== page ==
The guys on the train, genuine heroes, got lucky.  This idiot wanders in with his AK slung around his neck.  He wasn't expecting anyone to resist.  He probably thought he'd declaim the virtues of Allah and how he was killing them because they were infidels for a while and then start shooting.  Maybe he figured that he would have time to pick up his gun after he had shouted Allahu Akbar a few times, thus terrifying the compliant people as they waited for certain death.   If he had been ready to go when he walked in he would have shot all three of them as they rushed towards him to try to overpower him.  That's how it works.  Guy with gun who is prepared to fire trumps brave guys with fists.  In this case, he wasn't ready and they took him down.  Well done them, but those mindless clowns over at the Brady Center who claim that this proves that we don't need guns to fight back, get real.  You can't count on being that lucky.  The French policeman (armed with a gun) who was murdered outside the offices of Charlie Hebdo certainly didn't.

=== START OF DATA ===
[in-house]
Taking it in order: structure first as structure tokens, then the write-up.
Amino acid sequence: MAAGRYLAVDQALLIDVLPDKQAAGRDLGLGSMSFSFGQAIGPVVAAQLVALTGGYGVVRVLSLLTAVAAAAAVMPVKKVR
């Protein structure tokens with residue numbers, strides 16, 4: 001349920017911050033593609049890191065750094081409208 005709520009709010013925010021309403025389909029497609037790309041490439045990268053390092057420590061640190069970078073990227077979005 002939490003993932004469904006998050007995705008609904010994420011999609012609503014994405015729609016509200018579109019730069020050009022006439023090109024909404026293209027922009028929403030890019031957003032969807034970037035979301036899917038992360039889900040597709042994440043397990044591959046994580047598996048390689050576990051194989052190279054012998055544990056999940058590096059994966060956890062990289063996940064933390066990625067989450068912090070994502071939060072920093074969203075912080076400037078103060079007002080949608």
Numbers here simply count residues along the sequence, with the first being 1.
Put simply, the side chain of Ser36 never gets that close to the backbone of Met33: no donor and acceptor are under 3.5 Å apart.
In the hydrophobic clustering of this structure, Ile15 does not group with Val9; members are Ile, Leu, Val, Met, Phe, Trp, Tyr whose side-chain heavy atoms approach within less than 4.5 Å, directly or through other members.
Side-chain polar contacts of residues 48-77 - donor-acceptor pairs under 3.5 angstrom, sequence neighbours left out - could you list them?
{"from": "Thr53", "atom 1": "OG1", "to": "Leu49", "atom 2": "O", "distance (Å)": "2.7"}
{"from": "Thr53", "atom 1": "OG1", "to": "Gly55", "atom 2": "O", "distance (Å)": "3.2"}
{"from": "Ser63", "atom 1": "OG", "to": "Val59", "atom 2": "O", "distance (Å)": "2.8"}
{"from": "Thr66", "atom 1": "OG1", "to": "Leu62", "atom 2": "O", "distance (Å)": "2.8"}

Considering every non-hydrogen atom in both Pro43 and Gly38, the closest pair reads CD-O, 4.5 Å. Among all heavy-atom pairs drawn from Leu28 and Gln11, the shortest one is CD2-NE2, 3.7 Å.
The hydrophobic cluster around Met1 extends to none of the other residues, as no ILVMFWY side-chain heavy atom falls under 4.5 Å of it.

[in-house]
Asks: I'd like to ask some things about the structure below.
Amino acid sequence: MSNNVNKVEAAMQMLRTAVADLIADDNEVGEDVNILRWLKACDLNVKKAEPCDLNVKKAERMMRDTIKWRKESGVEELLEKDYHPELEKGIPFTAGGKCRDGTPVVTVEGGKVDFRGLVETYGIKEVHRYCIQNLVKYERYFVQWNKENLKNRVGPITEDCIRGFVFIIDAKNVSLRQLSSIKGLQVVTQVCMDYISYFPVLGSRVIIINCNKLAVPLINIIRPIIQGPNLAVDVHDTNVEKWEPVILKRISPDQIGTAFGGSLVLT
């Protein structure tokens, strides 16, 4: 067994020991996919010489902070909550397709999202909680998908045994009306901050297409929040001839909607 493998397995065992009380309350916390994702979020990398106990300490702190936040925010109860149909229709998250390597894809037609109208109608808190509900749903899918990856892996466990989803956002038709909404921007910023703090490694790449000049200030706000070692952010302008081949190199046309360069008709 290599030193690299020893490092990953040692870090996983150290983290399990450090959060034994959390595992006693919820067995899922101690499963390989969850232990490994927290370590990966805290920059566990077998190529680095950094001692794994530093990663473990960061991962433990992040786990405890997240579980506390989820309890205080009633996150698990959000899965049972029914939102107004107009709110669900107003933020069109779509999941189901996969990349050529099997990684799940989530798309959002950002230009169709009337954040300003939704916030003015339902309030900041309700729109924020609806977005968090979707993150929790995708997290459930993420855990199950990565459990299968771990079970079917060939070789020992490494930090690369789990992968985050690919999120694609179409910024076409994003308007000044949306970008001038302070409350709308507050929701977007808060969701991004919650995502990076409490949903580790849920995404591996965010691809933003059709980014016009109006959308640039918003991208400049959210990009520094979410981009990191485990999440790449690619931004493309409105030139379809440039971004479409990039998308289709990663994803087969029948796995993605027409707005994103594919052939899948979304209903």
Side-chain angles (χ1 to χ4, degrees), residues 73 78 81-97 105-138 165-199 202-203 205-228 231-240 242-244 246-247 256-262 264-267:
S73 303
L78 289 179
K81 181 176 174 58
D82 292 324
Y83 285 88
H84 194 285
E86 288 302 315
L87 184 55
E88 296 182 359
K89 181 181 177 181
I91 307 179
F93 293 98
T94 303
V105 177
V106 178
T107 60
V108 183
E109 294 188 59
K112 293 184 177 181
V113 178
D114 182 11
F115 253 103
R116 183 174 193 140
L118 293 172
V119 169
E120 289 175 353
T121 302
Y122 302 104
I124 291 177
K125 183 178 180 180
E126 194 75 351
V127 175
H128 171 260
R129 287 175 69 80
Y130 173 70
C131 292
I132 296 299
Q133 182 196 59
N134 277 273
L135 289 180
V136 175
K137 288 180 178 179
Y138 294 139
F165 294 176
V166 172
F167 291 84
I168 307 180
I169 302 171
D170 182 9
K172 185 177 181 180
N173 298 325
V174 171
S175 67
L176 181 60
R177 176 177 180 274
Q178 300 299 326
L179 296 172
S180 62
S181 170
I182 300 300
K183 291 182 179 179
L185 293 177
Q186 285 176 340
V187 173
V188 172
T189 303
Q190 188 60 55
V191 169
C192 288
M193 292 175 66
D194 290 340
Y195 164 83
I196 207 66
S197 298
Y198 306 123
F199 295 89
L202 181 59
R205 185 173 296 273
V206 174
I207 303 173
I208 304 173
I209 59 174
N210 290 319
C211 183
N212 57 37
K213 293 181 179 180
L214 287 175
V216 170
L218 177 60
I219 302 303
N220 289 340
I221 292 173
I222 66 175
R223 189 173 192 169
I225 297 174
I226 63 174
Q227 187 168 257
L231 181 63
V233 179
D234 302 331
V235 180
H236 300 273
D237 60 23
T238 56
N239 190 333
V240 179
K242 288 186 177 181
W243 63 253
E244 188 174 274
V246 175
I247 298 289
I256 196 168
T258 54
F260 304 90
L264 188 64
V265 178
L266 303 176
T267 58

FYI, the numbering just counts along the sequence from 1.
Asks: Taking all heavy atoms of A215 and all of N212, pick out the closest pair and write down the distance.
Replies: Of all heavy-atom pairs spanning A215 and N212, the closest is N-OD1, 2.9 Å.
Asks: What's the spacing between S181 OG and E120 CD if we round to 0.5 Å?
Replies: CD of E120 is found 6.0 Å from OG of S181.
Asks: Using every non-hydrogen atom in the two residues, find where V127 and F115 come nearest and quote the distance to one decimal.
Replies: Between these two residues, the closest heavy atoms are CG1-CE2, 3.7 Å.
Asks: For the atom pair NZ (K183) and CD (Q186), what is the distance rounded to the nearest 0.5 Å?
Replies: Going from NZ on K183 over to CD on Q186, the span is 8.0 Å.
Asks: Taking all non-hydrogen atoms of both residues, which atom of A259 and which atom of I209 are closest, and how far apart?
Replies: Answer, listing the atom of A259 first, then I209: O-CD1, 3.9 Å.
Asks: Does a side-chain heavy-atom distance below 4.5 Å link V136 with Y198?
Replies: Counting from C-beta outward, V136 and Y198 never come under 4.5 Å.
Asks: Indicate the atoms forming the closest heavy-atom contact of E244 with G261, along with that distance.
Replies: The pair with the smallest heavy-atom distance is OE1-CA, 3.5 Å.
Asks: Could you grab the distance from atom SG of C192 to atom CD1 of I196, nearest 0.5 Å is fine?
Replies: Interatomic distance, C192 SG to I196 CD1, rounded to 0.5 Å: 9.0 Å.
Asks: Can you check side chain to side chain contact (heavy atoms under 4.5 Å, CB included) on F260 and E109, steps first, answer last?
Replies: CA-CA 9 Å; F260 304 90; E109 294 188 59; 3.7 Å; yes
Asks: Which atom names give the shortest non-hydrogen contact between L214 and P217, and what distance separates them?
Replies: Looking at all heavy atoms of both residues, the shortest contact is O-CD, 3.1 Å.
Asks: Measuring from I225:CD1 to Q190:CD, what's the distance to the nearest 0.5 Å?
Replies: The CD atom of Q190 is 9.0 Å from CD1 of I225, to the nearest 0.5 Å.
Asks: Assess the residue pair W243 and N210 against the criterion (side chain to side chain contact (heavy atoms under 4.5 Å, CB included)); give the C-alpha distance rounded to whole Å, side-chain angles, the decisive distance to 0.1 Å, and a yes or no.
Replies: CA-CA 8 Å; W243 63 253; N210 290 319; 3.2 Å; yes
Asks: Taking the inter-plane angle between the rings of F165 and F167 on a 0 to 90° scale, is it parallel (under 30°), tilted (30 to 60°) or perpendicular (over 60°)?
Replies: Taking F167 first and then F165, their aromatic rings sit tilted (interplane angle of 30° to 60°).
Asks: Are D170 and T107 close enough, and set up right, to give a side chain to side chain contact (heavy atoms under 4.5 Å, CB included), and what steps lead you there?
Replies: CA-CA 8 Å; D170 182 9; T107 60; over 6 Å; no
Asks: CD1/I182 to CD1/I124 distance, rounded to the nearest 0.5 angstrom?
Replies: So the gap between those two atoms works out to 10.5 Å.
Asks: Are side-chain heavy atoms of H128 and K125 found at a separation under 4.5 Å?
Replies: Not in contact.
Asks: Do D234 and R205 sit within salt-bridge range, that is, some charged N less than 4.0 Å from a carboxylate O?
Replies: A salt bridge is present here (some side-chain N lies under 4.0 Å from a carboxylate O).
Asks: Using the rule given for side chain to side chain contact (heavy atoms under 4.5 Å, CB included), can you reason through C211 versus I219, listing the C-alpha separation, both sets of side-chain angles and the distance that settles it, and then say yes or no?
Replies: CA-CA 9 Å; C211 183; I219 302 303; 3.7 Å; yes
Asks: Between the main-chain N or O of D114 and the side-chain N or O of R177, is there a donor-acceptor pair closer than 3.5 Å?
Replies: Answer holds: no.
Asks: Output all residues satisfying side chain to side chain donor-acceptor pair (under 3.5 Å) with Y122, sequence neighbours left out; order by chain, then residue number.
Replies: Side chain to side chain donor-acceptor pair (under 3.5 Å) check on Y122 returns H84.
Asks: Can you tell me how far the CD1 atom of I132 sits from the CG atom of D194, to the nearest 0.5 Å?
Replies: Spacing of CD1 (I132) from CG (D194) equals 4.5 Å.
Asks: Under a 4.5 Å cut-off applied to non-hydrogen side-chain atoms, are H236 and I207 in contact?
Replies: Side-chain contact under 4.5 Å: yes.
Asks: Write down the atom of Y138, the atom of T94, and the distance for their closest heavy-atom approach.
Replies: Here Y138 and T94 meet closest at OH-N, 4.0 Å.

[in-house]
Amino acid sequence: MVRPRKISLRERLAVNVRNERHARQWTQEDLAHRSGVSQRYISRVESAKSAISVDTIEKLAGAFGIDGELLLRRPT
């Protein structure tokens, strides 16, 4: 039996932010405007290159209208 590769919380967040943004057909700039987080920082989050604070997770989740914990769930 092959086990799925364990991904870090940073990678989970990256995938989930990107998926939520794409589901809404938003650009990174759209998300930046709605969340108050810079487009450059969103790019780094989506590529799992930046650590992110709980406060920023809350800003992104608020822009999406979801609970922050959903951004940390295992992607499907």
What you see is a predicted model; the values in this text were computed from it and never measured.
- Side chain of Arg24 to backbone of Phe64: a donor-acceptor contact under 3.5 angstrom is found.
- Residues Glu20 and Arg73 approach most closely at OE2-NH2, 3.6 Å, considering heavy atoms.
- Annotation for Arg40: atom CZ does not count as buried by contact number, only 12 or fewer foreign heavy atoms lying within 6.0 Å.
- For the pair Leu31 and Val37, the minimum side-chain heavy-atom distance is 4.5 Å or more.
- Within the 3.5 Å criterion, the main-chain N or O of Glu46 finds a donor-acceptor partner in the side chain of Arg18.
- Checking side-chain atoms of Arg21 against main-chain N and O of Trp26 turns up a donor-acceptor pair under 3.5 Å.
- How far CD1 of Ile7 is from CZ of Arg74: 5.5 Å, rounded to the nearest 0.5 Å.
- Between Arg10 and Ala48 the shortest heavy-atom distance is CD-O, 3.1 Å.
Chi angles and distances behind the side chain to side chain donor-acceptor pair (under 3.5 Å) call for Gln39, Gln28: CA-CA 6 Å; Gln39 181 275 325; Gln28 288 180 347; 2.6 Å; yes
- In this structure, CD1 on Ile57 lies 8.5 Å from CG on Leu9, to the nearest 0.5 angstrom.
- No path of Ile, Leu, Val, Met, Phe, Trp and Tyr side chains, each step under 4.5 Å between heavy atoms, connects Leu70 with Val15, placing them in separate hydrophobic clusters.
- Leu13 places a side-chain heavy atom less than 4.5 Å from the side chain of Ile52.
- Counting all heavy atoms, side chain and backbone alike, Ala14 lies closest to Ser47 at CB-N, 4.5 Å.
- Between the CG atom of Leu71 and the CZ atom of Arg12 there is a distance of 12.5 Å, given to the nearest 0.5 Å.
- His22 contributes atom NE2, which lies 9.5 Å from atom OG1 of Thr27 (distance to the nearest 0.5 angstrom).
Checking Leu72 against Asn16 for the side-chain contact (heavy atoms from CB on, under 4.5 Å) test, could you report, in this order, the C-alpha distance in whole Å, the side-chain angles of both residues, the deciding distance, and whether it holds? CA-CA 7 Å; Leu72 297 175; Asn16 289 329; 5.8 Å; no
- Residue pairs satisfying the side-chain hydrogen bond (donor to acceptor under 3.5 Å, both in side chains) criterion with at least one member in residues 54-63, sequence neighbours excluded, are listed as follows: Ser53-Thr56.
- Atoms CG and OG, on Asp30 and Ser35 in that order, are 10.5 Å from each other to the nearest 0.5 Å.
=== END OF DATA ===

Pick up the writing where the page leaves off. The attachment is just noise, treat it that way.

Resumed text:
Tuesday, August 25, 2015

1909 Restoration saga continues

Some of you may have read my posts on refinishing fir floors.

Floor refinishing project update October 2014

Ongoing renovation projects March 2014

Floor refinishing update October 2013

Wood floor project update September 2013

Why I am a teacher February 2013

Home repair and Restoration August 2011

Four years ago I started working on the floors in my house.  So far I have two rooms done.  All the carpet is out because it was disgusting, the back bedroom and the office have been painstakingly (and painfully) sanded using a 21" belt sander and pieces of sandpaper wrapped around a foam sanding block, as well as refinished using a Bona sealer and polyurethane finish.  They both look incredible as you well know from looking at the old posts and the pictures included therein.

The moral of the story is that I am super slow.  I have a boredom threshold of something under twenty minutes for hand sanding a floor.